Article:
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Haqqani Network talks peace but continues attacks in Afghanistan
The Haqqani Network, a group of Pakistan-based terrorists that has killed coalition troops in Afghanistan, is willing to participate in peace talks with the U.S. as long as the Afghan Taliban’s top leader approves, according to a senior commander in the group.
But the commander said the Haqqanis would continue to attack coalition forces in Afghanistan, with the goal of establishing an Islamic state.
The terrorist group represents a strategic threat to U.S. national security interests in Afghanistan, and a peace deal would help stabilize the region before U.S. and international combat troops withdraw at the end of 2014.
In September, the Obama administration designated the Haqqani Network as a foreign terrorist organization. Secretary of State Hillary Rodham Clinton followed up that action last week by listing the group’s chief of suicide operations, Qari Zakir, as a “specially designated global terrorist.”
The U.N. Security Council's Taliban sanctions committee last week also placed the Haqqani Network on its blacklist. The action requires all U.N. members states, including Pakistan, to implement an asset freeze, travel ban and an arms embargo against the group.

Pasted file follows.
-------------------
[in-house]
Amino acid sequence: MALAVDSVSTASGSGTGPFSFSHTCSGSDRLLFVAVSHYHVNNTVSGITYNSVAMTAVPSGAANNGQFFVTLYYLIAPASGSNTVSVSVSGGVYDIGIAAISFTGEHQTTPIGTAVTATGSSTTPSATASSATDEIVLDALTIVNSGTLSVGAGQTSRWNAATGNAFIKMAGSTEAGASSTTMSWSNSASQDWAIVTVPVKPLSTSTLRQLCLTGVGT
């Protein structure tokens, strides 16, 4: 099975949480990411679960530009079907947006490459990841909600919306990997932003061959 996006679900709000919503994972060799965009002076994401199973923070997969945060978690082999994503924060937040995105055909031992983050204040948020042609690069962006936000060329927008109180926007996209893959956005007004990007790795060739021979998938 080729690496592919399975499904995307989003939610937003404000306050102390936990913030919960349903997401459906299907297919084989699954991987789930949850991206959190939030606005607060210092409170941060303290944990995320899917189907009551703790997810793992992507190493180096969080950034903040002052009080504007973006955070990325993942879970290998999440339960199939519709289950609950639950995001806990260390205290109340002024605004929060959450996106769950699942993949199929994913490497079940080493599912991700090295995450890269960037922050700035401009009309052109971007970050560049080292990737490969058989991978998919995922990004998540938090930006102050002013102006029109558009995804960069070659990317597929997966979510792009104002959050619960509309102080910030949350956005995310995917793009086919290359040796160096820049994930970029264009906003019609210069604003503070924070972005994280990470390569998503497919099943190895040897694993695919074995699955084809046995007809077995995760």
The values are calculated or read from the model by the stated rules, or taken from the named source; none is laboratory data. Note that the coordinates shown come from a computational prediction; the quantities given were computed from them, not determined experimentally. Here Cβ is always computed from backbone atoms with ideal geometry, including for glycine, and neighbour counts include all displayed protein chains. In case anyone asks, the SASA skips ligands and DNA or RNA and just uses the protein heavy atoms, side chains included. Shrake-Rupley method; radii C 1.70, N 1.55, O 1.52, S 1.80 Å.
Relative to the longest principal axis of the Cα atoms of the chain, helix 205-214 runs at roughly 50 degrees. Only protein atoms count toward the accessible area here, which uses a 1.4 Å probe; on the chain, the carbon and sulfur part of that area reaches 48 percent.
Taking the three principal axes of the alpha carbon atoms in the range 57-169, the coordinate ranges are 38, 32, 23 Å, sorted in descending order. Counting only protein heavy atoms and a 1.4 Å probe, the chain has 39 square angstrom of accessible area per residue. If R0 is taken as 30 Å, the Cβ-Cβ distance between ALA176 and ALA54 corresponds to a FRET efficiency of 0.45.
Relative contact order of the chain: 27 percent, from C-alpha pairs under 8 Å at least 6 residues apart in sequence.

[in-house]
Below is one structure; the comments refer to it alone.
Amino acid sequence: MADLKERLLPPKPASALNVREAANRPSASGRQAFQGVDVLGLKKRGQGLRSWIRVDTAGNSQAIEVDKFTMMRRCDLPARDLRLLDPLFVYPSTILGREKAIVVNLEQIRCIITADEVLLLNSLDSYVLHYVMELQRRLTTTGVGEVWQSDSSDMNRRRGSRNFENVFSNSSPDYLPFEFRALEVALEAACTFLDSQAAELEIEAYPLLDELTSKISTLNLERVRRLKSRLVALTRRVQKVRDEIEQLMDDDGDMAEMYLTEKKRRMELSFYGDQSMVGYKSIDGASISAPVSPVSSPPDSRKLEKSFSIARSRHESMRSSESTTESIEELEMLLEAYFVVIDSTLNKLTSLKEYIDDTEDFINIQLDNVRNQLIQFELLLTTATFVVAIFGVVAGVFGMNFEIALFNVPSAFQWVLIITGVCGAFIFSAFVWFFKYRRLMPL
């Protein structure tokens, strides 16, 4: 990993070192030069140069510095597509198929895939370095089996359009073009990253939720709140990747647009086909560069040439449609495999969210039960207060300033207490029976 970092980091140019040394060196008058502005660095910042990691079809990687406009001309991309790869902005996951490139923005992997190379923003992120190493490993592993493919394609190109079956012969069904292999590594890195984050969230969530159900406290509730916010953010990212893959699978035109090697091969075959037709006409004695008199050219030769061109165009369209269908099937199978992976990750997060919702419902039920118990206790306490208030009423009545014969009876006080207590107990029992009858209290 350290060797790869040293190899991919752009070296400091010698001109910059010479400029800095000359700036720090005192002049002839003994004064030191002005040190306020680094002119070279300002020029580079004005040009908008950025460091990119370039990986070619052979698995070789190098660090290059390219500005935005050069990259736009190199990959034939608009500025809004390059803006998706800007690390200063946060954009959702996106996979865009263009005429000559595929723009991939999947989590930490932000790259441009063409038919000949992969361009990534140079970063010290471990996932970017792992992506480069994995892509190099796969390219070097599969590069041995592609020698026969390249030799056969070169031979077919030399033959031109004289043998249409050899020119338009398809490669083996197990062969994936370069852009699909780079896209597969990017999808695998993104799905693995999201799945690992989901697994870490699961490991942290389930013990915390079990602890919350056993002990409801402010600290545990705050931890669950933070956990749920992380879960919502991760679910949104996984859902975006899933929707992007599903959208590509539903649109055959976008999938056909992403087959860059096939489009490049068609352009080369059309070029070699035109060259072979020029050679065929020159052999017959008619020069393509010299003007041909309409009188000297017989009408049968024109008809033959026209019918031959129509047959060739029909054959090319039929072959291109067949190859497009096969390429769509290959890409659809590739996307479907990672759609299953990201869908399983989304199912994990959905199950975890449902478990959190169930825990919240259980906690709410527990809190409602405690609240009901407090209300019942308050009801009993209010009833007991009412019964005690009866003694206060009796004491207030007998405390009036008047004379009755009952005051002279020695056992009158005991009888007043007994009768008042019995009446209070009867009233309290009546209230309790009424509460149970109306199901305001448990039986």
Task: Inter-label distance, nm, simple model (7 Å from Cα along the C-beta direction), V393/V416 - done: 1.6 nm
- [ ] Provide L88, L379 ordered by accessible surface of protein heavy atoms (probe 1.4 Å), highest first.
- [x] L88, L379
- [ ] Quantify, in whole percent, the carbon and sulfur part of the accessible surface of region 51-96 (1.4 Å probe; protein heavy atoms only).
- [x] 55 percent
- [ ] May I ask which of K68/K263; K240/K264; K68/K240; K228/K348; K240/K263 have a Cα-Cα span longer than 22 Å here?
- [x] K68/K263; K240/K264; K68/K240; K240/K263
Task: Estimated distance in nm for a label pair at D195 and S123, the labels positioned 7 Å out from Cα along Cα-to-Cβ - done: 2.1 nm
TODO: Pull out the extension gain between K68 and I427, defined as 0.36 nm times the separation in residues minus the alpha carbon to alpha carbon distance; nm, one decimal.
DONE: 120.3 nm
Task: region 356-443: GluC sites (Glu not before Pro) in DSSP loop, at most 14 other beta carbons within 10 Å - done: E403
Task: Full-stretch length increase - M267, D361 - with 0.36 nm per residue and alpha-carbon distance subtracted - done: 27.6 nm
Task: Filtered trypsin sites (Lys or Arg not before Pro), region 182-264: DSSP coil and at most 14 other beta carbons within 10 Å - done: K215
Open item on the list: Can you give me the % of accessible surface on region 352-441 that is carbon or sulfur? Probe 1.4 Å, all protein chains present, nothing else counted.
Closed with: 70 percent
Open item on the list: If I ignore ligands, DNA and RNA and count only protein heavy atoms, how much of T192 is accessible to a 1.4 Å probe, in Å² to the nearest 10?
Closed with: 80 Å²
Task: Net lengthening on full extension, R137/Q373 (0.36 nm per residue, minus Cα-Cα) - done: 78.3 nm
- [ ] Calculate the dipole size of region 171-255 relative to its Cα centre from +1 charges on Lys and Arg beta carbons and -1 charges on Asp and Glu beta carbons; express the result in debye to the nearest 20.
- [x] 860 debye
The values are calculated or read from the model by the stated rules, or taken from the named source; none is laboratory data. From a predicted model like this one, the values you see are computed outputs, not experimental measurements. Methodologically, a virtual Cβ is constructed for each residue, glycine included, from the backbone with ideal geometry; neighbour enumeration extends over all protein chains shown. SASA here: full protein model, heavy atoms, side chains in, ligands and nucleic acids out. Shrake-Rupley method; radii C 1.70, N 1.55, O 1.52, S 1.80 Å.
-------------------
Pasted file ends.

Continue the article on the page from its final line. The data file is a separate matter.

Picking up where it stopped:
“Pakistan’s support for the Haqqani Network has increased, through both facilitating additional sanctuary and providing strategic and operational guidance,” Jeffrey Dressler, a senior research analyst at the Institute for the Study of War, concluded in a report in March.
In an interview with Reuters news agency, the militant commander, who declined to be identified, accused the U.S. of being insincere in peace efforts and trying to create a rift between the Taliban and the Haqqani Network.
In January, the Taliban agreed to open an office in Qatar. It also sought the release of five Taliban officials being held at the U.S. military detention facility at Guantanamo Bay, Cuba, as a confidence-building measure.
The Taliban’s leadership itself is split over participating in peace talks. U.S. efforts to start the process have deepened rifts between the group’s political leaders, who favor reconciliation, and its field commanders, who are determined to continue the war.
© Copyright 2013 The Washington Times, LLC. Click here for reprint permission.
About the Author
Ashish Kumar Sen is a reporter covering foreign policy and international developments for The Washington Times.
Prior to joining The Times, Mr. Sen worked for publications in Asia and the Middle East. His work has appeared in a number of publications and online news sites including the British Broadcasting Corp., Asia Times Online and Outlook magazine.
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